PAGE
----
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City officials advise Brooklyn’s immigrants

Brooklyn’s Acting District Attorney Eric Gonzalez at the podium addressing issues some immigrants are facing.
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In the aftermath of the United States presidential election there have been streams of attacks and threats against several immigrants in the City of New York. In the midst of these frightening experiences against individuals, New York city and state political and civil leaders are strategizing and implementing methods to protect local immigrants.

Last Saturday morning, Dec. 17 at the Brooklyn Children’s Museum, the Brooklyn District Attorney’s office hosted an immigration forum to help inform the community on some of the plights immigrants are facing. In his address to the group, District Attorney Eric Gonzalez said his office as the chief defense for the borough will protect everyone, including documented or undocumented immigrants. Regardless of your immigration status he noted, “…know your rights, we will keep immigrants informed, the criminal justice system is here for everyone and to make people less afraid despite their immigration status,” Gonzalez pointed out. The Brooklyn district attorney reminded immigrants that they should be mindful of the documents they are preparing in any immigration processing and he suggested that individuals do not leave original documents with anyone, for example their birth certificate. The Brooklyn DA mentioned also how important it is to understand, “…what you are signing. There is no current amnesty, so don’t be fooled,” he warned.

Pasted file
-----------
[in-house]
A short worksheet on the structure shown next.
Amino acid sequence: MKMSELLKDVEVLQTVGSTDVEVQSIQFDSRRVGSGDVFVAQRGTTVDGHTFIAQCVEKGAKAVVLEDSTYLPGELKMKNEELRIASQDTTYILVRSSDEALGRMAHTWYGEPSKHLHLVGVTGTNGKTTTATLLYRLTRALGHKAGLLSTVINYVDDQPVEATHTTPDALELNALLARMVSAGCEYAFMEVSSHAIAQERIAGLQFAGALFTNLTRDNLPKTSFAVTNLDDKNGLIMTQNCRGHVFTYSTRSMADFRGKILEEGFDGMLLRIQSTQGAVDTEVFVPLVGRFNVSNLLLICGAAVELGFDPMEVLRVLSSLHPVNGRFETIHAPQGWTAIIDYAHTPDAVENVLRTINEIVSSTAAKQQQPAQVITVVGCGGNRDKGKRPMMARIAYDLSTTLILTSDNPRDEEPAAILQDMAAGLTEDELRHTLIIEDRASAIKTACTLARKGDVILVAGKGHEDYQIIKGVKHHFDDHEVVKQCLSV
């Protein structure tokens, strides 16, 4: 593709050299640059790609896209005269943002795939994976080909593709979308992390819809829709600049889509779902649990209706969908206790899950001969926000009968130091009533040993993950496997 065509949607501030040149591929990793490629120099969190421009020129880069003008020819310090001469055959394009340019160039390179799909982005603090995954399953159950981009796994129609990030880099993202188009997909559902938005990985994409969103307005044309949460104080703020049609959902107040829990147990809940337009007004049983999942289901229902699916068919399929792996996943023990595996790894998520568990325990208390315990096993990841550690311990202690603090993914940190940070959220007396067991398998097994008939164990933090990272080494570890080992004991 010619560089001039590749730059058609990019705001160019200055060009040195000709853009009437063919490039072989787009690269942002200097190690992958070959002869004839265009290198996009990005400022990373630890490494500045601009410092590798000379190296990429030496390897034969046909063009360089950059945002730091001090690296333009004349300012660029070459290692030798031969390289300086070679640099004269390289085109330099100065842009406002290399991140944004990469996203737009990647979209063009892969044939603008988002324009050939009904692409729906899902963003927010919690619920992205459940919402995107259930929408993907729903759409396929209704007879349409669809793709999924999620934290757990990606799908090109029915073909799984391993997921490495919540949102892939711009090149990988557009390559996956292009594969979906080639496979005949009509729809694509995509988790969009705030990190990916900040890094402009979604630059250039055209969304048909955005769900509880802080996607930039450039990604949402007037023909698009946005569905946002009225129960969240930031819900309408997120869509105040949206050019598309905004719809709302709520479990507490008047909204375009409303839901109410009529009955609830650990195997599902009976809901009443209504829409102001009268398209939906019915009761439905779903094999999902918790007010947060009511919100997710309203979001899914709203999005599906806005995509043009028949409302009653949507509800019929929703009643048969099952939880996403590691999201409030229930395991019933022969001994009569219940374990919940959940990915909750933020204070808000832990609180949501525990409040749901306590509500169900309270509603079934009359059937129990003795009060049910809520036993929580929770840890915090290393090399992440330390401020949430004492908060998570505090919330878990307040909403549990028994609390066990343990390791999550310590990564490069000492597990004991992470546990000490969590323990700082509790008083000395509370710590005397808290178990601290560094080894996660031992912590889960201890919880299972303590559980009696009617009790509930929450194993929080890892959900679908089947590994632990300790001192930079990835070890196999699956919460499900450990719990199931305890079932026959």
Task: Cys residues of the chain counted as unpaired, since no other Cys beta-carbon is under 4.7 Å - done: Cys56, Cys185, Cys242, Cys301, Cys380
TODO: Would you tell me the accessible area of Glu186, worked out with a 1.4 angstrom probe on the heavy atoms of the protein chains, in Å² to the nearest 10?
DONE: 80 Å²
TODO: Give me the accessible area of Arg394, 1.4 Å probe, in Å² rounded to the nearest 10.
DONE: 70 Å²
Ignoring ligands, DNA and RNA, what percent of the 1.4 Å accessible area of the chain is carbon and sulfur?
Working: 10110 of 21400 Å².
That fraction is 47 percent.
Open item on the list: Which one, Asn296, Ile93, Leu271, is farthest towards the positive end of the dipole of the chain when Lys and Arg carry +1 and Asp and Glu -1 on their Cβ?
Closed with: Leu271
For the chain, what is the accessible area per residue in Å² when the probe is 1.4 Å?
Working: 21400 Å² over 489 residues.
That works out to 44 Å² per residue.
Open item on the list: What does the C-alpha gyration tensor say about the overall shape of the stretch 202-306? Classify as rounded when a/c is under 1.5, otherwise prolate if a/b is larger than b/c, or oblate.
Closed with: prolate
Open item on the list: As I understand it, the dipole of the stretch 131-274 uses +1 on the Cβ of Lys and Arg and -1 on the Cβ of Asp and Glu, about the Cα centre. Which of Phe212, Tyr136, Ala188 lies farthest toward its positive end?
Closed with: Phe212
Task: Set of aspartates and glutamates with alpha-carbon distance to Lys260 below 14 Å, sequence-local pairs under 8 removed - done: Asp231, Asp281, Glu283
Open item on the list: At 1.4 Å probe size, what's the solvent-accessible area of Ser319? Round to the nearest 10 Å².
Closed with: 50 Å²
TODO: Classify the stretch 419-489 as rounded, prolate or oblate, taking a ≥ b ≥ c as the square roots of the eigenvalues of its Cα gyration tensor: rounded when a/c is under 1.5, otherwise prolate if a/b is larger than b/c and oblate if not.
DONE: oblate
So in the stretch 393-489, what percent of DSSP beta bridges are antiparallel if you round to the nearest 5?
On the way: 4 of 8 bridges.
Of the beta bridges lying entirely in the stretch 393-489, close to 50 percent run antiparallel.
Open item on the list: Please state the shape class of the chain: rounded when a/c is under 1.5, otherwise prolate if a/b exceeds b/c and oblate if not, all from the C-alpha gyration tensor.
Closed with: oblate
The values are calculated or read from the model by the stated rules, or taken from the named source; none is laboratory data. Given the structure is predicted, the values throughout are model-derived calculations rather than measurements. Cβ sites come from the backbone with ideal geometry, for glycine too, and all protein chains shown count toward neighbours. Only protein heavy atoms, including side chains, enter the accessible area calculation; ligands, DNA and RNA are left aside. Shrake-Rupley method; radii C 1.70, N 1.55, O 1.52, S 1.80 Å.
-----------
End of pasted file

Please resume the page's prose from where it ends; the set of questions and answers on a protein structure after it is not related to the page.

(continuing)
Gonzales reiterated the need to be aware of unscrupulous actions and illusive fraud, “demand receipts from people you are conducting business affairs with.” The district attorney also suggested that immigrants who are utilizing an attorney ask their attorneys questions and know what risks and alternatives are opened.

In addition, Gonzalez also noted that with regards to the Deferred Action Childhood Arrivals (DACA, Dreamers) there are bills pending to protect the more than 800,000 young people benefiting. The district attorney asked that more New York City young people take advantage and learn more about DACA. In New York City, he noted, only 35,000 young persons are a part of the DACA.

At the forum, experts on immigration participated in a panel discussion and decried some of the serious issues immigrants are now facing. The panelists discussed the increase in hate crime, insults and real estate fraud against immigrants. They told the audience to seek legal council to guide them through their varying situations.

Members of the panel also suggested that the immigrant community refrain from being isolated and collaborate with various agencies that work on immigration issues. Learn how to go through the process to avoid deportation panel members recommended. The group explained the dangers, “happening to immigrants on the streets.” The panel members informed the audience on the available resources for everyone in New York City. During the presentations also it was mentioned that the New York City identification card can now be process without leaving personal documents with the city. Documents will be returned immediately to recipients of the NY City identification card holder. The group of panelists encouraged the immigrant community to be proactive in their legal affairs with anyone they are conducting business with. They suggested that immigrants “spend time seeking out who you will work with regarding your immigration issues,” one panelist noted.

Representatives on the panel are stationed in New York city offices including the United States Citizens and Immigration Service, the Brooklyn District Attorney’s office, New York Immigration Coalition and New York City Immigration Affairs.

Updated 3:05 am, July 10, 2018
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